BU Profiles is a software tool that supports research networking and expertise searches.
It enables individuals (either internal or external to Boston University) to locate
researchers by subject matter keyword or by First or Last Name, Institution, Department,
Division, Faculty Type, etc. BU Profiles is a new way to network and collaborate,
find potential mentors, search for relevant panel members and advisory board expertise,
evaluate research trends by investigator, and broadly surveys the community at large.
BU Profiles offers traditional contact information but then also shows how individuals
are connected to others in the larger research community. BU Profiles is brought
to the BU community by the Clinical and Translational
Science Institute (BU CTSI).
Important types of information displayed in an individual's profile:
1. Managed Descriptions: Name, titles, affiliation, phone
number and email address. Researchers can edit their own profiles, adding publications,
awards, narrative, and a photo.
2. Passive Networks: (Displayed on the right of each profile
Automatically formed when BU researchers share common traits such as: work in the
same department, work in the same building, co-author the same paper, or research
the same topics (as defined, by publication keywords (e.g. "MeSH"). Passive
networks are automatically updated with each new publication cited in PubMed
3. Active Networks: (Displayed on the left of each profile
Defined by each researcher and, if actively managed, can significantly enhance the
power and value of BU PROFILES. When logged in to BU Profiles and viewing other
profiles, you can mark individuals as collaborators, advisors, or advisees. In summary,
you can build your own network of close collaborators. Only you can only see the
network that you build. In the future you will be able to share your lists with
Network Pages show all the people in a particular Passive or Active Network. Networks
can also include other types of profiles, not just people. A "concept" network is
a list of all the topics a person has written about. There are many ways to display
a network other than a simple list, and Profiles offers several types of network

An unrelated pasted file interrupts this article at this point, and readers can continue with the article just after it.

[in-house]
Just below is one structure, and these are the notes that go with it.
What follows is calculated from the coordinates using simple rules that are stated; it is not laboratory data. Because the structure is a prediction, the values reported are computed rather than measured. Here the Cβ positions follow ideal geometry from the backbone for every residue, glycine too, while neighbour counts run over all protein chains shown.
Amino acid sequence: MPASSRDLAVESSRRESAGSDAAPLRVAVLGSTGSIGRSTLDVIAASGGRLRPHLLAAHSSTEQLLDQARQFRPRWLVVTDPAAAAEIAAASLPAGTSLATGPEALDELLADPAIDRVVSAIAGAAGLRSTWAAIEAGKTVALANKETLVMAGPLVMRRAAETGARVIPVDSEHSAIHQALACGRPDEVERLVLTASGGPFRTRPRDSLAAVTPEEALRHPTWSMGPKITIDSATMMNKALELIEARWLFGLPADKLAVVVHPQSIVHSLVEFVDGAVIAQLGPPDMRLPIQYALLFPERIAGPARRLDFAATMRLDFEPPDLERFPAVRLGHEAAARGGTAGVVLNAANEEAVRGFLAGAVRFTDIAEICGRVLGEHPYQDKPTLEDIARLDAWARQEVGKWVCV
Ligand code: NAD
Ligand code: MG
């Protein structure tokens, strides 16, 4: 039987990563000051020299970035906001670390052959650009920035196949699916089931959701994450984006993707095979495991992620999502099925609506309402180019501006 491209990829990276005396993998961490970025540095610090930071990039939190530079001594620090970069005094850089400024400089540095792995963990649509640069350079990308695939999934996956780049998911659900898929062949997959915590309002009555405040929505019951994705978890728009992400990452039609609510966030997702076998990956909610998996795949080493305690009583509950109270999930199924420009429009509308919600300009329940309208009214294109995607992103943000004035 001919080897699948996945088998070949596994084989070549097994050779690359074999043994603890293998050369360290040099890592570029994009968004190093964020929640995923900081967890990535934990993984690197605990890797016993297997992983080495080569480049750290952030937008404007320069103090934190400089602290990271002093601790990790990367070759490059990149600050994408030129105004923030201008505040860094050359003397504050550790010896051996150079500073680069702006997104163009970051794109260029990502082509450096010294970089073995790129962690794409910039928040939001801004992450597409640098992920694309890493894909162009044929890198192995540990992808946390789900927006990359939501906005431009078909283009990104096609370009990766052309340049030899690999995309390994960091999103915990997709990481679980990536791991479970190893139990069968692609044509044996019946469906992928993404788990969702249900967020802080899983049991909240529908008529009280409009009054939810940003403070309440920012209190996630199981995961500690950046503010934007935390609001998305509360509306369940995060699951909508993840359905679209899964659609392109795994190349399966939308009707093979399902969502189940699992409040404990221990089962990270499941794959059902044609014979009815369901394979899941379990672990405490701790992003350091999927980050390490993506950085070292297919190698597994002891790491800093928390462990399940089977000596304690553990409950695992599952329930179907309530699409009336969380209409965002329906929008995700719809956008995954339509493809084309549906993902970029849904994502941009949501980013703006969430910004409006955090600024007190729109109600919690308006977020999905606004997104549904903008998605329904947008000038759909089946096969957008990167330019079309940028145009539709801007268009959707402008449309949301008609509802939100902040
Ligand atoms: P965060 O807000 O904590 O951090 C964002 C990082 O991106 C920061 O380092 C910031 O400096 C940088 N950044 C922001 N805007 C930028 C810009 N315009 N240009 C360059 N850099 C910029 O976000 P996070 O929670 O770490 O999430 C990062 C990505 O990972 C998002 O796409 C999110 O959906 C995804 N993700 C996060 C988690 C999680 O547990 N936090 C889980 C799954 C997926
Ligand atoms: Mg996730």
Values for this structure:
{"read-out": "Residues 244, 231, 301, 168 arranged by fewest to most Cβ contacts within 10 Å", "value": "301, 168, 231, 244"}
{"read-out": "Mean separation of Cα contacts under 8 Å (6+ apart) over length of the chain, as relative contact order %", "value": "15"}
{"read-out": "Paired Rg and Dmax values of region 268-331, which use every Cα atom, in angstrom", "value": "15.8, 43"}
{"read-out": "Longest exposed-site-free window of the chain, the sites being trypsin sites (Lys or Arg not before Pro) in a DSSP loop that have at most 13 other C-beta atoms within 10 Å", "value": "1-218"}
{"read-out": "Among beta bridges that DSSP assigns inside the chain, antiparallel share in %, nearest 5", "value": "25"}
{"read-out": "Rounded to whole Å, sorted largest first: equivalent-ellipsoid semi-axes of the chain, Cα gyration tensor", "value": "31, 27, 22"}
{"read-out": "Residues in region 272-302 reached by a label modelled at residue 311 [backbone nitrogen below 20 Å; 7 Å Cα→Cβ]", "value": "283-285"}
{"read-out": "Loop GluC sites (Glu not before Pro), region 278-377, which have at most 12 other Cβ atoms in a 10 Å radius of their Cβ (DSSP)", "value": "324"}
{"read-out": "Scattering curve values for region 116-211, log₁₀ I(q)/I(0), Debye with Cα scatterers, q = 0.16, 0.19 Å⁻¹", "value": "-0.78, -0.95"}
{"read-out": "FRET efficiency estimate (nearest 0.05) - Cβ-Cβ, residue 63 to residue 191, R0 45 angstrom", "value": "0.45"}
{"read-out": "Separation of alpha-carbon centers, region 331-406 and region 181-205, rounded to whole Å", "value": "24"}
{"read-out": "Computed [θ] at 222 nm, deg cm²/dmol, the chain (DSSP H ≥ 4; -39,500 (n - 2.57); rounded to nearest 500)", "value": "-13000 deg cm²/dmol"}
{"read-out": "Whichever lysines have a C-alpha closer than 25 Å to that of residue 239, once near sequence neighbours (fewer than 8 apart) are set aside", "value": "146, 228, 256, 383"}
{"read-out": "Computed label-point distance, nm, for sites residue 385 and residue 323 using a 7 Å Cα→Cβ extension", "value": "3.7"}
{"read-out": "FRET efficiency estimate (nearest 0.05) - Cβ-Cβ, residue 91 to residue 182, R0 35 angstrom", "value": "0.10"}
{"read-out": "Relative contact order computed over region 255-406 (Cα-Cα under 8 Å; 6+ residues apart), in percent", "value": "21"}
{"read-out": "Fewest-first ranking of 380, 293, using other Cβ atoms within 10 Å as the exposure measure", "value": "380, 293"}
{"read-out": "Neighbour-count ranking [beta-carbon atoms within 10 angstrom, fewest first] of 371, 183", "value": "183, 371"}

Certain Network Pages will include a "Why?" link. These will take you
to a Connection Page, which shows why two people or profiles in that network are
connected. For example, the Why link in a co-authorship network lists the publications
that two people wrote together. The Connection Pages also reveal why certain people
appear higher on search results and why particular concepts are highlighted on a
Profiles Research Networking Software includes several different ways to view networks,
including (from left to right) Concept Clouds, which highlight a person's areas
of research; Map Views, which show where a person's co-authors are located;
Publication Timelines, which graph the number of publications of different types
by year; Radial Network Views, which illustrate clusters of connectivity among related
people; and Concept Timelines, which depict how a person's research focus has
changed over time.
Profiles Research Networking Software is a Semantic Web application, which means
its content can be read and understood by other computer programs. This enables
the data in profiles, such as addresses and publications, to be shared with other
institutions and appear on other websites. If you click the "Export RDF"
link on the left sidebar of a profile page, you can see what computer programs see
when visiting a profile. For technical information about how build a computer program
that can export data from Profiles Research Networking Software, view the
Sharing Data page.